Some 2,200 people had joined a social media campaign in Austria by Friday afternoon to organise a convoy of private cars and vans on Sunday to help pick up hundreds of migrants stranded in Hungary.
“The Austrian government and the EU stand by idly and watch as people on the streets of Budapest — without any appropriate supplies — have to endure appalling conditions,” organisers of the citizen initiative wrote on the Facebook page.
“That’s why we are intervening and starting a convoy of buses and cars to bring the refugees to safety.”
Campaigners have called on private drivers of cars and vans to meet in Vienna on Sunday morning and to head to Hungary in order to bring as many migrants and refugees as possible to Austria or Germany.
The organisers said they were reacting to the decision by Hungarian authorities to suspend rail links to western Europe as thousands of migrants have crowded its trains stations.
Four Austrian activists were arrested Friday in Budapest after allegedly planning to drive migrants to Austria, which is a crime in Hungary that carries up to five years in prison.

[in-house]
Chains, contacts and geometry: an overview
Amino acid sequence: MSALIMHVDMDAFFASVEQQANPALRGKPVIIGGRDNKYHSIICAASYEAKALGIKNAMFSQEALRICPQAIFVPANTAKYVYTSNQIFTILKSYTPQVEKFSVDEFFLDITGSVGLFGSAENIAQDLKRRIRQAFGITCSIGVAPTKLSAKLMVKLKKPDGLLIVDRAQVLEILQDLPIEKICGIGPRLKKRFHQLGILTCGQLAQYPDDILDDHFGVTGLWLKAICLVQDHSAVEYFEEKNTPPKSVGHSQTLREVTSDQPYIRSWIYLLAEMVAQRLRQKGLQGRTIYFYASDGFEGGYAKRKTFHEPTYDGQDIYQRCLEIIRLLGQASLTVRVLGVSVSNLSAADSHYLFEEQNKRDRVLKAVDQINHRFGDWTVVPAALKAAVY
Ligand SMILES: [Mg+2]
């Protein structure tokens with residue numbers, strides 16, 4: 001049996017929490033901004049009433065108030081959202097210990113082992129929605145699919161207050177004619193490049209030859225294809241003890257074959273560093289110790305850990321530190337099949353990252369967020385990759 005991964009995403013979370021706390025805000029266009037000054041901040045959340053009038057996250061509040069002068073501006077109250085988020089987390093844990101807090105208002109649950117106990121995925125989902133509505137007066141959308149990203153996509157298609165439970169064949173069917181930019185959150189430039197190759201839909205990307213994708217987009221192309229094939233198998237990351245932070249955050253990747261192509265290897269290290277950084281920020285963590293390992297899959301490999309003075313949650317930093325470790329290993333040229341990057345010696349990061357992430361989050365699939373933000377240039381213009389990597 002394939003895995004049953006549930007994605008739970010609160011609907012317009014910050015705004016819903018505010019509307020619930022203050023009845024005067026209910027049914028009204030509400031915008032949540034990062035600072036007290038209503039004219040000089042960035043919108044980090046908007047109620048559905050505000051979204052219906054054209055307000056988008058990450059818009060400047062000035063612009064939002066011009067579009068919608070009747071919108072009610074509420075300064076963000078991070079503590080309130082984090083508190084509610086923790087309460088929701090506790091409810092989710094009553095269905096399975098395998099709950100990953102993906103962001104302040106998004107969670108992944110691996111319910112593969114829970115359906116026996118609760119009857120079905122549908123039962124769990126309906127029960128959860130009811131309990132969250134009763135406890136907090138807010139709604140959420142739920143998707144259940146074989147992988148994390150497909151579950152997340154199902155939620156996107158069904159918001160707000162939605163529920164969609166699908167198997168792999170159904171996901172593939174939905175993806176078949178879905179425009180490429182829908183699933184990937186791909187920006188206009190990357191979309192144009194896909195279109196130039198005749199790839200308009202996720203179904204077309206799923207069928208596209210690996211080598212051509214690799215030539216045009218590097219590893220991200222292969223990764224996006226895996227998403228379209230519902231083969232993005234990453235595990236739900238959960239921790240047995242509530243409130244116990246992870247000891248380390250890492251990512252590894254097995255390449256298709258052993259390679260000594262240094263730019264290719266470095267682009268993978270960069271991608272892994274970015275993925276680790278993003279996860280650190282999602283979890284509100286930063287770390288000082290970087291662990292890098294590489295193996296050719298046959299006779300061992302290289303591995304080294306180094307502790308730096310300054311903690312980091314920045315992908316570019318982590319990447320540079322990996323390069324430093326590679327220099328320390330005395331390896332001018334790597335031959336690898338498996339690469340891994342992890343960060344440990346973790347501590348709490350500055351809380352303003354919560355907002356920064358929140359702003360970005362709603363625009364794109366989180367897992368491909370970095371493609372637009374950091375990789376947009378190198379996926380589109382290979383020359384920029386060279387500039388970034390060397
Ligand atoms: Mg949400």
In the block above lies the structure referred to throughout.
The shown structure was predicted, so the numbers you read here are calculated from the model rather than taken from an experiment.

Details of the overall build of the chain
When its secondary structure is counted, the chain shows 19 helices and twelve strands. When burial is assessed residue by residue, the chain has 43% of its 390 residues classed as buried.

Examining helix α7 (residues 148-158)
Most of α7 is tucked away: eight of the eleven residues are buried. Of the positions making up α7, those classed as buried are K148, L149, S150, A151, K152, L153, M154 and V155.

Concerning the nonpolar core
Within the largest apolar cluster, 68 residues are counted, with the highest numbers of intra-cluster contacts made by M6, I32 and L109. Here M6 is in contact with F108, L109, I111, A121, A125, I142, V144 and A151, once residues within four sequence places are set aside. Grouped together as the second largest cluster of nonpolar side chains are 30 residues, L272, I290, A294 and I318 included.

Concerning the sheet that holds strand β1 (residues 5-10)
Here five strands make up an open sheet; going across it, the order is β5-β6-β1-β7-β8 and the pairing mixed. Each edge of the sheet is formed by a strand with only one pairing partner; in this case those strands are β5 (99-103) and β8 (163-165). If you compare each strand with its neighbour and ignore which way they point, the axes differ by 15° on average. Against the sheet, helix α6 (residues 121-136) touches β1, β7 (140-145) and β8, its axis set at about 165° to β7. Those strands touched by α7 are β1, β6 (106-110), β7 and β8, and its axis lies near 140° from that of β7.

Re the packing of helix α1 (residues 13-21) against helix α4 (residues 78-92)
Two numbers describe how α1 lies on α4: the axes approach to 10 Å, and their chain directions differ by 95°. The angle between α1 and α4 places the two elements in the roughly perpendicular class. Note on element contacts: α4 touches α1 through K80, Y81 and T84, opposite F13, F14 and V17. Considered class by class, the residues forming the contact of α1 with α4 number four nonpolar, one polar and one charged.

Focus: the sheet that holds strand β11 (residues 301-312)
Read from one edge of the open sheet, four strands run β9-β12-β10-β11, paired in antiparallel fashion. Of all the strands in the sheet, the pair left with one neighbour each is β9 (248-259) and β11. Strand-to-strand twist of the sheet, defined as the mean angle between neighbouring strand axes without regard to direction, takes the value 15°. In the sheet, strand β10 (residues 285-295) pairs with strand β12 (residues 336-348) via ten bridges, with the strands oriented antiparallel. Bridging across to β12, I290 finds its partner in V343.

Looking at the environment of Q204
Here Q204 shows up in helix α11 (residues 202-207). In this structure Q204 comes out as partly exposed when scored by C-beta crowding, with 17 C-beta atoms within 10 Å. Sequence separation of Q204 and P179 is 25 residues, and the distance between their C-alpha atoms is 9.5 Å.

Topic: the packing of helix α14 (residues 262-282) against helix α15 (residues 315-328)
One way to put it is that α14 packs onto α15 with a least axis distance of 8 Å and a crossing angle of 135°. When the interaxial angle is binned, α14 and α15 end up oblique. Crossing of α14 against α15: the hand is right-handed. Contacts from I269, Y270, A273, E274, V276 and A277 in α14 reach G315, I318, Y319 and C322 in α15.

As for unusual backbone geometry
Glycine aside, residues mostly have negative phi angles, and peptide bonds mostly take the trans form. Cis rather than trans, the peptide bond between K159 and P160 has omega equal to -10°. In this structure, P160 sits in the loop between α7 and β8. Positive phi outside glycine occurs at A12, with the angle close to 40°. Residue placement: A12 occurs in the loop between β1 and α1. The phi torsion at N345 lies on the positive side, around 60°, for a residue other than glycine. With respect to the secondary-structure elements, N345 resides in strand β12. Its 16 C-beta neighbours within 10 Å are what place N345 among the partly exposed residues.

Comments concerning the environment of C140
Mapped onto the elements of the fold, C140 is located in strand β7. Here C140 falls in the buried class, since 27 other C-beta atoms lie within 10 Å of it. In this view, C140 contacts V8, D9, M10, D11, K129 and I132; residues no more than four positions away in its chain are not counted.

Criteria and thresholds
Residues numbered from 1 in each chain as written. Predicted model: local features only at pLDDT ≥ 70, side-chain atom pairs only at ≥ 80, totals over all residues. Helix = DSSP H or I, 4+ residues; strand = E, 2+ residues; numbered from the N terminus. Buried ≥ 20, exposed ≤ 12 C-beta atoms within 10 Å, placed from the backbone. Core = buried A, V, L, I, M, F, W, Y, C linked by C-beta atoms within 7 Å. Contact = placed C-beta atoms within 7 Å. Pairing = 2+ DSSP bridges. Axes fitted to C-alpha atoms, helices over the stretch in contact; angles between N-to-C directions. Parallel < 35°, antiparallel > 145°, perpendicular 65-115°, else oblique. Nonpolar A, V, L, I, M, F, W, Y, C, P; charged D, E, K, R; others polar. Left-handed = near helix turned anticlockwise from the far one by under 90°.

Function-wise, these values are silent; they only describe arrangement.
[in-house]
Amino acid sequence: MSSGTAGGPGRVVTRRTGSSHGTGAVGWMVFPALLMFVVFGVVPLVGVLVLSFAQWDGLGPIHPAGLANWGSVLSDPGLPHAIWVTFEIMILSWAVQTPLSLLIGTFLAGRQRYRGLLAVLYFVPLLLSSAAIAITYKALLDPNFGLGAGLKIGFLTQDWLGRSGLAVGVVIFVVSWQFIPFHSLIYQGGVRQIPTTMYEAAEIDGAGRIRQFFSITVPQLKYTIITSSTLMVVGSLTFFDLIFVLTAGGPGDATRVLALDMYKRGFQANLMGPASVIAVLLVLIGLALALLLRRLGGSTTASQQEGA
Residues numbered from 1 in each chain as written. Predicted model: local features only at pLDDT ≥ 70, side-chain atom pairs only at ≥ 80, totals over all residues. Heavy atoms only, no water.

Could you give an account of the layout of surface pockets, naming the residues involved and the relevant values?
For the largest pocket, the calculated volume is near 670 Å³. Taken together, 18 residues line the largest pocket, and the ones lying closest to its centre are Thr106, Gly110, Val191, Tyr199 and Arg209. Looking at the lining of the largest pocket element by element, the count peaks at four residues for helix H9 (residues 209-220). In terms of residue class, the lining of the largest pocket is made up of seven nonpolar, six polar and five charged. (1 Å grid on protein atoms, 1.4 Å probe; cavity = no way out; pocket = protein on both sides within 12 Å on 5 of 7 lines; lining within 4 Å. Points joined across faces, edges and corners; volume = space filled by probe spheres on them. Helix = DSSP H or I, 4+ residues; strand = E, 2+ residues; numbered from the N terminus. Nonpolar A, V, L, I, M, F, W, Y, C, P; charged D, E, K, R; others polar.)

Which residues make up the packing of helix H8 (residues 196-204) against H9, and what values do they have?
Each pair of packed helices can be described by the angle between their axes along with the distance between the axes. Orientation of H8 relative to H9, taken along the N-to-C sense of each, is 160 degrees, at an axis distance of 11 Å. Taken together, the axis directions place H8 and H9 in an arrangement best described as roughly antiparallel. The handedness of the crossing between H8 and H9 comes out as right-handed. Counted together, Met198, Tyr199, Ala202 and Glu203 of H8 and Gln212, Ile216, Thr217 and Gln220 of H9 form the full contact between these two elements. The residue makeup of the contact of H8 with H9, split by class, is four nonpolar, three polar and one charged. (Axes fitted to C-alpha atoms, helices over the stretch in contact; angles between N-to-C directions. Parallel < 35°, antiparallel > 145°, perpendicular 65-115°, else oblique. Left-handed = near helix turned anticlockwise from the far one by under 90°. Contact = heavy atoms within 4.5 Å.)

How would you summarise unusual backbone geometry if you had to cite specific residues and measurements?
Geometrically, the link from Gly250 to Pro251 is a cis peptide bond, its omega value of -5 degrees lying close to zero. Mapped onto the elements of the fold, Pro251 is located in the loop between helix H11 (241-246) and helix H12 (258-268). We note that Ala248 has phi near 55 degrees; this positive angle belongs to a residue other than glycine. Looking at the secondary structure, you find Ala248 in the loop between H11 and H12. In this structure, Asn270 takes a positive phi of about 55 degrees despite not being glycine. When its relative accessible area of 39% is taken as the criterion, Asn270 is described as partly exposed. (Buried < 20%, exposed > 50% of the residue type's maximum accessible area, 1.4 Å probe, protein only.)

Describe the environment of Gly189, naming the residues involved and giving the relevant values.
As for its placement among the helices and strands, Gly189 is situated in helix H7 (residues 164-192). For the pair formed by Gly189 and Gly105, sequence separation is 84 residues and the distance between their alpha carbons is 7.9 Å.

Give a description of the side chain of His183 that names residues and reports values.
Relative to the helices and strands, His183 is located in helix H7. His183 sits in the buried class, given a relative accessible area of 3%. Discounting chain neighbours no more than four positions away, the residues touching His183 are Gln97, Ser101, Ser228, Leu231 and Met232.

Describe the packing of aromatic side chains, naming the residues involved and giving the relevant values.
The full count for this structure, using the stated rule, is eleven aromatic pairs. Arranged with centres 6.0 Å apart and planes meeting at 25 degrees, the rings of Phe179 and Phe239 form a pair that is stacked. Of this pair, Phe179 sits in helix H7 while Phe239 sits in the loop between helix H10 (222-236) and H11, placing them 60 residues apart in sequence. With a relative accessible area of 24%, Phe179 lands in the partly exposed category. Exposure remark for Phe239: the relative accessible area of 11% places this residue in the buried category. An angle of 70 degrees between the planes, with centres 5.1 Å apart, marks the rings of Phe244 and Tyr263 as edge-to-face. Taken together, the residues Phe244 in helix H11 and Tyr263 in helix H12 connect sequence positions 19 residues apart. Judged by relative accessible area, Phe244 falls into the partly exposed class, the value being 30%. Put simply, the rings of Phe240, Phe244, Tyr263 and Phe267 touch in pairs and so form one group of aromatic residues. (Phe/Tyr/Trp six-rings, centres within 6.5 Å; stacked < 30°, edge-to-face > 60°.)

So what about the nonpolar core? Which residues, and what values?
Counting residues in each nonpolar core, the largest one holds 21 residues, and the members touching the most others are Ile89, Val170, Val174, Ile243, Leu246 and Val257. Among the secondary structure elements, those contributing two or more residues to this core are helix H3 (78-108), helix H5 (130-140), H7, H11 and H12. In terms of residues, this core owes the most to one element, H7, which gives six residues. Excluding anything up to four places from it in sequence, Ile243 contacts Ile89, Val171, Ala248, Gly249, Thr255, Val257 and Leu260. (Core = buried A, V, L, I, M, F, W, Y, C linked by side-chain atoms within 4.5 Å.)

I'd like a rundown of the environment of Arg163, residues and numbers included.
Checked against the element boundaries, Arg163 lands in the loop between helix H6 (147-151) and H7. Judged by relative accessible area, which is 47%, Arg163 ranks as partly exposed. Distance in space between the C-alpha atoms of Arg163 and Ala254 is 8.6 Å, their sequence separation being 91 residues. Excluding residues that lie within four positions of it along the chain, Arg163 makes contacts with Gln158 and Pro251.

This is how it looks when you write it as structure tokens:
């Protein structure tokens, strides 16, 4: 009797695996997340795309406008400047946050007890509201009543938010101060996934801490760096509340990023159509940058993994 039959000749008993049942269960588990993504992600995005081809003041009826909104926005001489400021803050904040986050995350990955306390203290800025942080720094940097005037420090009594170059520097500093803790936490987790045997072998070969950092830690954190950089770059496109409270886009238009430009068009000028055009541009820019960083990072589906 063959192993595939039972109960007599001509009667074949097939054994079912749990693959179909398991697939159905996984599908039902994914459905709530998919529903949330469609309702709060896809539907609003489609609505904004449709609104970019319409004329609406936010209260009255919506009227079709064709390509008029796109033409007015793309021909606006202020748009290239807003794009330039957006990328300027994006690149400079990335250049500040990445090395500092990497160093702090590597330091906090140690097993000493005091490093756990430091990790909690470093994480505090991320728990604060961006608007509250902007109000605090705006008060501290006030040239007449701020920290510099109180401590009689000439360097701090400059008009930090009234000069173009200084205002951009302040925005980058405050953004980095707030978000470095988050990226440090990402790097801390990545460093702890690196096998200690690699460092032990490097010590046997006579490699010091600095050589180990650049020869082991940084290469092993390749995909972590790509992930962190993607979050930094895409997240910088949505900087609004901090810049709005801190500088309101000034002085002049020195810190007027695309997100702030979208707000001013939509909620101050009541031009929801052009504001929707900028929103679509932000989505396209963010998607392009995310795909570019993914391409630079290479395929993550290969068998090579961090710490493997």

Hungary’s foreign affairs minister Peter Szijjarto said the activists would be promptly released.
“We find ourselves in a very difficult circumstance. We don’t need people coming here and inflaming the situation,” he added.
Austrian authorities affirmed on Thursday that aiding illegal immigration is against the law and carries an up to 5,000-euro ($5,500)fine.
The activists, citing the precedent of a train hired by Austria’s national rail company to carry migrants, noted that they had arranged for “legal assistance” for participants.
Hungary has in recent months joined Italy and Greece as a “frontline” state in Europe’s migrant crisis, with 50,000 people trekking up the western Balkans and entering the country in August alone.
A record 3,300 migrants crossed into Hungary on Thursday, according to the latest figures from the UN refugee agency.
The right-wing government headed by Prime Minister Viktor Orban has responded to the influx by erecting a controversial razor-wire barrier along its 175-kilometre (110-mile) border with Serbia.